It's been nearly three years since that first endless summer they spent together in Sheffield. Irwin's managed to persuade Dakin to take a break from studying and they're sat on the roof contemplating the summer ahead - Dakin having commandeered the nicest room in the flat precisely because of its easy access to the roof. They talk the evening away as the ashtray between them steadily fills up and the bottle of wine empties. Everything as it should be. Until, that is, there's a lull in the conversation that they both let hang in the air for a little too long, and Irwin - nervous, Dakin belatedly realises - fusses with his glasses before he asks the dreaded question.
"So… what do you think you want to do after you graduate?"
Dakin groans. "Oh, God. Not you too."
"It's all anyone wants to know lately. What my plans are, whether I've got a job lined up yet, et cetera."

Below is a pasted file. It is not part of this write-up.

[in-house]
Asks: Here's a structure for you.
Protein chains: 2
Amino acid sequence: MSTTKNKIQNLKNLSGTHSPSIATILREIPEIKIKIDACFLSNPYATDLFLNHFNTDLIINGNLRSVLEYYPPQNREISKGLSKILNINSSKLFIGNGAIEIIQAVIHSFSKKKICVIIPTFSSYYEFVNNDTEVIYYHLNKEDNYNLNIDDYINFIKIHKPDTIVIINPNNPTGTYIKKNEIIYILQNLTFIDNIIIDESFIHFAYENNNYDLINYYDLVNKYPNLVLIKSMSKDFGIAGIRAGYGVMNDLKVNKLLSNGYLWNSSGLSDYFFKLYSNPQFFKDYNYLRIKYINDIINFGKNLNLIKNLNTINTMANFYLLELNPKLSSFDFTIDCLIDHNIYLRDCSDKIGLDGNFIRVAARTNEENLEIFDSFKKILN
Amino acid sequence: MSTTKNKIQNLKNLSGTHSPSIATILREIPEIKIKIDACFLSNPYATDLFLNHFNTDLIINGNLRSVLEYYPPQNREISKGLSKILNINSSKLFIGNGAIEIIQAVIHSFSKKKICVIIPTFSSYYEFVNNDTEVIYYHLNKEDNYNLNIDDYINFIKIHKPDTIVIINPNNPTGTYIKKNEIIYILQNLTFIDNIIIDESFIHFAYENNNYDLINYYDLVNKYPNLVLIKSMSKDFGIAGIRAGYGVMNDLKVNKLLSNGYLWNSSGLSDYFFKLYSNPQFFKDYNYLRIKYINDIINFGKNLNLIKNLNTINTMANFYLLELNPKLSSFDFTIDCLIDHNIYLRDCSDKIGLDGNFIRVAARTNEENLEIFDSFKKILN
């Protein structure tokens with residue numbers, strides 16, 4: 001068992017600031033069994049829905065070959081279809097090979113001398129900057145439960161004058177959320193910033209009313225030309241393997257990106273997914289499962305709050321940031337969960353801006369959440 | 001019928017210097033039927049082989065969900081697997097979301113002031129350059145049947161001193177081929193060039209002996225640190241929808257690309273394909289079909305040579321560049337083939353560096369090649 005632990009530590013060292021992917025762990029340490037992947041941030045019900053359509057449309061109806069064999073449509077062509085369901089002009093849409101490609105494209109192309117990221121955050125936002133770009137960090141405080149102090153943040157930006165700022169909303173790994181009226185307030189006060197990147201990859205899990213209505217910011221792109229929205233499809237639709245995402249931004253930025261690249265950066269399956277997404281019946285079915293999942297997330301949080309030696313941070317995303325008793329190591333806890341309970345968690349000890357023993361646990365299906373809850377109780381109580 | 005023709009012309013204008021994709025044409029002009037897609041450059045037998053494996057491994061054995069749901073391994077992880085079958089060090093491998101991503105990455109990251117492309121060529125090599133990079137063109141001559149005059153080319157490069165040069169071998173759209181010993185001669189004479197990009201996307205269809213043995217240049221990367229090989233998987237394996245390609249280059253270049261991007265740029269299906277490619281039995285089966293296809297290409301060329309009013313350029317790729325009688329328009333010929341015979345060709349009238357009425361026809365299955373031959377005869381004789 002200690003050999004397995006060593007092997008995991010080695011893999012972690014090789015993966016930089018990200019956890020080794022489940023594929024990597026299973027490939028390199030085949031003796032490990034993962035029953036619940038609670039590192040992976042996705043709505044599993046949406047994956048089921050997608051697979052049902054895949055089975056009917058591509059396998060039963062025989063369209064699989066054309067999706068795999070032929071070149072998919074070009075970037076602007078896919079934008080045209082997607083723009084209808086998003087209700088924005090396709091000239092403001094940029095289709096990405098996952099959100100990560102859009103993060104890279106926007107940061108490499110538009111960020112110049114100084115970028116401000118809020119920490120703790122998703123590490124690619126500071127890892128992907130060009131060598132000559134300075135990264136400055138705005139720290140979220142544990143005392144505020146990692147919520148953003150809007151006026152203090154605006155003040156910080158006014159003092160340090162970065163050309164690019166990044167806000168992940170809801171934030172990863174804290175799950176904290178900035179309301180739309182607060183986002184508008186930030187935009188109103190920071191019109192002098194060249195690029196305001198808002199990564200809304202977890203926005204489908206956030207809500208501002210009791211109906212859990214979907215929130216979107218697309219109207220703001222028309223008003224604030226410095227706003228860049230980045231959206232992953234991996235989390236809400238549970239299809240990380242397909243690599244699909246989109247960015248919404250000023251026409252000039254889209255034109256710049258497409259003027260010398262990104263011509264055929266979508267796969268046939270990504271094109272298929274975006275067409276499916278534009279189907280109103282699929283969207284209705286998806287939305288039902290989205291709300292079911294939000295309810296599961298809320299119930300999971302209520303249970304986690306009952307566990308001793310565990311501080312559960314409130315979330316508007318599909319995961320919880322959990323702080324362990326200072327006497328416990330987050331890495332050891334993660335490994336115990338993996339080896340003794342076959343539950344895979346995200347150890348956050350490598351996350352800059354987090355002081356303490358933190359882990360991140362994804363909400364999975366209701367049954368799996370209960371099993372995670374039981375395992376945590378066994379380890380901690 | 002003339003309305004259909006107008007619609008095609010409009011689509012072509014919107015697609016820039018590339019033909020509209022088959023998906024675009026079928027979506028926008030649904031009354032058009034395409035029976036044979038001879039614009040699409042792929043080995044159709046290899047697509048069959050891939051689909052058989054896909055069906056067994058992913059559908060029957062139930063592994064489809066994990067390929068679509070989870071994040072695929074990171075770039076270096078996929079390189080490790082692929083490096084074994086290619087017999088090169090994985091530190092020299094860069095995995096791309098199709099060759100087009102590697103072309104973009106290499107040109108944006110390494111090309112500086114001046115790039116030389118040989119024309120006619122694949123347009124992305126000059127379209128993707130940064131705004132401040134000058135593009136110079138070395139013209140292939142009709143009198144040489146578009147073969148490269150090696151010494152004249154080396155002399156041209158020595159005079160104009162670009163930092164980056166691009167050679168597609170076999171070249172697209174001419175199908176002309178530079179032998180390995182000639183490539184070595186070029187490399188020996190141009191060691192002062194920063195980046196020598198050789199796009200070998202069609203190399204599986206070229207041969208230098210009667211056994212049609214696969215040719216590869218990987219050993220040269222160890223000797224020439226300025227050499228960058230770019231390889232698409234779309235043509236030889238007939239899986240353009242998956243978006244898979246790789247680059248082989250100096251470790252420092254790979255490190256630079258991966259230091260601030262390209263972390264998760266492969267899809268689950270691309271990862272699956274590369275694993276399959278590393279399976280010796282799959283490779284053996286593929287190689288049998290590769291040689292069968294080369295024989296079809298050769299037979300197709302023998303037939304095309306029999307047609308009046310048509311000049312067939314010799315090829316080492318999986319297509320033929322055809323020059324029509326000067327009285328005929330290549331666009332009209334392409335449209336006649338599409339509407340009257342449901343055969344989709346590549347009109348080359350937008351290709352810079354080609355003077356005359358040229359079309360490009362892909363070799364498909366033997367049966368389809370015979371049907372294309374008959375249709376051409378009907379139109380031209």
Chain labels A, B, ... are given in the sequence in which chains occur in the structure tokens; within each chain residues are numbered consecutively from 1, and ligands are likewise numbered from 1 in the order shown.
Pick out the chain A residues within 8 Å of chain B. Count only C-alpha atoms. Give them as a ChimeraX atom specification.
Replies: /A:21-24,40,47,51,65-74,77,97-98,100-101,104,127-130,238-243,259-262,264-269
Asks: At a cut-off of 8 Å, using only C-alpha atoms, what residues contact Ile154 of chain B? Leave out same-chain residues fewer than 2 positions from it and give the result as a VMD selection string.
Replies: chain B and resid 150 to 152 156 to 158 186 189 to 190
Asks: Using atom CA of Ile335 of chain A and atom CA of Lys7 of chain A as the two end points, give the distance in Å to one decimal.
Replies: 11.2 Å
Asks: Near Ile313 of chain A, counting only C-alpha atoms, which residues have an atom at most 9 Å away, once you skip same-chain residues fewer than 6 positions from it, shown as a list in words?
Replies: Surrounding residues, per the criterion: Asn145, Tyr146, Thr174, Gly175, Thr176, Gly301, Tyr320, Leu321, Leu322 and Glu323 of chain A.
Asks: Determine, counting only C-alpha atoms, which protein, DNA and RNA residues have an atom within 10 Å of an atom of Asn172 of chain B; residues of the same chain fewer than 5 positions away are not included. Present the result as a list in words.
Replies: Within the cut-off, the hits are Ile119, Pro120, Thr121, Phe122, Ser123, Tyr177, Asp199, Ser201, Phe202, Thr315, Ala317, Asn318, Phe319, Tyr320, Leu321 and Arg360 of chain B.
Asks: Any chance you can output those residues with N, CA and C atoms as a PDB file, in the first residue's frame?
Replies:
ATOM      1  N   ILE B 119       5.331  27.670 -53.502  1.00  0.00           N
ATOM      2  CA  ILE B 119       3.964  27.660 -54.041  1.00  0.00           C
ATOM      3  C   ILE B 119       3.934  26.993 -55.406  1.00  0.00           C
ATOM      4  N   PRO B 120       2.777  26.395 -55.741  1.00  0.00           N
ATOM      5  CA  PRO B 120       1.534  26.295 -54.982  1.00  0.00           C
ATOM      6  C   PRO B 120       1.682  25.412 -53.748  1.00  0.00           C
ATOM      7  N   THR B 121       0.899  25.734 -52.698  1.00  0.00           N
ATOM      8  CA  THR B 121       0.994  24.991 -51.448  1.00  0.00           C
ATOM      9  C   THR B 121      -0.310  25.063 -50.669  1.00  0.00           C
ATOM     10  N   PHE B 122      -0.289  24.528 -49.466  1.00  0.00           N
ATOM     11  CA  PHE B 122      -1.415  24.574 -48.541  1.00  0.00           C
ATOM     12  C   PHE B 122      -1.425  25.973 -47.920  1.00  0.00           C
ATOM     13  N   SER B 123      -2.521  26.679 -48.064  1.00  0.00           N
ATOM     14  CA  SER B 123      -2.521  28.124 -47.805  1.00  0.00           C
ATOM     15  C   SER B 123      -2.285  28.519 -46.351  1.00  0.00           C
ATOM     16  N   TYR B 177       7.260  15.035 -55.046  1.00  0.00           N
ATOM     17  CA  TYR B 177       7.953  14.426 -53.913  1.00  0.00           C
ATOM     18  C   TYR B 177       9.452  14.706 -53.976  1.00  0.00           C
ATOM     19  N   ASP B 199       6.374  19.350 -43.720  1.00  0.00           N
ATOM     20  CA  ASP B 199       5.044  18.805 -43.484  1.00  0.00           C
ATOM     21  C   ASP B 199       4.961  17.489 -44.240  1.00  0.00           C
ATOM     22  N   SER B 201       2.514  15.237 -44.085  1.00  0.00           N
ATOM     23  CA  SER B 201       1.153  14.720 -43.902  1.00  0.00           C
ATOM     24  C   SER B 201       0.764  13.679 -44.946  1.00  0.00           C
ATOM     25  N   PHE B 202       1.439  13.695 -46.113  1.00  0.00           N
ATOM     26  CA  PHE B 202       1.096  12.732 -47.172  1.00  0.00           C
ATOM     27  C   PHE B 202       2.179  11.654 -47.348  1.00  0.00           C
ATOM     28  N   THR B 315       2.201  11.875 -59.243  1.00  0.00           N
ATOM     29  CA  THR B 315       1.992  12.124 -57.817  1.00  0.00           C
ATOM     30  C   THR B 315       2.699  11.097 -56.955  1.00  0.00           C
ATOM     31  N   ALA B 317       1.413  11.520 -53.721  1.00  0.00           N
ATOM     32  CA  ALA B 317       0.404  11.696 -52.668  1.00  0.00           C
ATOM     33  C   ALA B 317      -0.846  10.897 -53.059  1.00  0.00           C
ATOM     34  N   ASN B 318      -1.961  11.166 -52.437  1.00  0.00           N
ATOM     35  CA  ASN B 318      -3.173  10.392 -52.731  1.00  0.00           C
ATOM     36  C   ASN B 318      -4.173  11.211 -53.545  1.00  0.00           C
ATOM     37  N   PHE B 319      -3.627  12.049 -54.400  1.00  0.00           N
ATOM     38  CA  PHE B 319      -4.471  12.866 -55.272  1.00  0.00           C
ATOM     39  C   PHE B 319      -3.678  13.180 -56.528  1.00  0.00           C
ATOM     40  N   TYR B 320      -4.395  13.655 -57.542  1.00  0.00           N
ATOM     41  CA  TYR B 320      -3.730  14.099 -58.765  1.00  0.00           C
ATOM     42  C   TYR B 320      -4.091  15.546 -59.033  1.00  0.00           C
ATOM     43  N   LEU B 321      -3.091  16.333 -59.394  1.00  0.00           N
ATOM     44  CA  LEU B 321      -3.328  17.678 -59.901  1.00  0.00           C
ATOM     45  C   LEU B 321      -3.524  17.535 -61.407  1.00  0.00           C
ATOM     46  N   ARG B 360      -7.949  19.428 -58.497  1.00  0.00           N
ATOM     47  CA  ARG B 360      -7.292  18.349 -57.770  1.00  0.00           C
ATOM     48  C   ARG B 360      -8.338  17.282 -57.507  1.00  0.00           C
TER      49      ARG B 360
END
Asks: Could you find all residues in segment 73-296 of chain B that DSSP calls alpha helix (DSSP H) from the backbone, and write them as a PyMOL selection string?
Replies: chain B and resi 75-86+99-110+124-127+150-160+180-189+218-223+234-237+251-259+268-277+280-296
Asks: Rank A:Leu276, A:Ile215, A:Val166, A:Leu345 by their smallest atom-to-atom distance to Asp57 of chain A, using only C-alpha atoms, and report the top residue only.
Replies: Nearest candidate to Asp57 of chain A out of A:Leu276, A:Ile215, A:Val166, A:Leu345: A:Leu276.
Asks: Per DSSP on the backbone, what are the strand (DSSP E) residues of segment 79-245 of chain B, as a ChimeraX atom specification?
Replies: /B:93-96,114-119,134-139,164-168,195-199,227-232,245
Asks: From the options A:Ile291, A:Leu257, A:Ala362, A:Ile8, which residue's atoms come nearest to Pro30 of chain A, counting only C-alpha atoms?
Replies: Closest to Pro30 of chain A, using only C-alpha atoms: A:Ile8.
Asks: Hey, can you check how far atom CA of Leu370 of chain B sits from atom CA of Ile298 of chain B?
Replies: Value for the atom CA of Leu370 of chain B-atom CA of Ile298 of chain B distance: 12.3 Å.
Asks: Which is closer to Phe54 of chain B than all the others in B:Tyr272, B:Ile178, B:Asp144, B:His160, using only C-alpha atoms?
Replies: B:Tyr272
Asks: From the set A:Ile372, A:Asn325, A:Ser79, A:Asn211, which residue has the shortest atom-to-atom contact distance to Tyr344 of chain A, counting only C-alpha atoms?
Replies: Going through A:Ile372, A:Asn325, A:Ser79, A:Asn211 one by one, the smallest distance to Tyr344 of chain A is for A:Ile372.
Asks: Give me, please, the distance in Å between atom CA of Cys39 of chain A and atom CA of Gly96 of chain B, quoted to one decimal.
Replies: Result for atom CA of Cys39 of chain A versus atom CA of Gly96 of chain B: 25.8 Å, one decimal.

In his third year, Dakin quickly learned that being a finalist meant he was suddenly expected to know what to do with the rest of his life. Until then, he'd taken the university experience in his stride, only vaguely aware that each stride had brought him closer to the edge of the precipice he now finds himself staring down. The route hitherto mapped out for him - A-Levels, entrance exams, degree - is nearing uncharted territory, and the way ahead is unclear. It doesn't help that both of his flatmates know exactly what they're doing - Rudge has a job at his dad's firm all lined up, and Scripps hasn't wavered once since he made his mind up aged six that he was going to be a writer. Frankly, he thinks, it isn't fair of either of them - part of him wonders if they're doing it on purpose to make him look bad.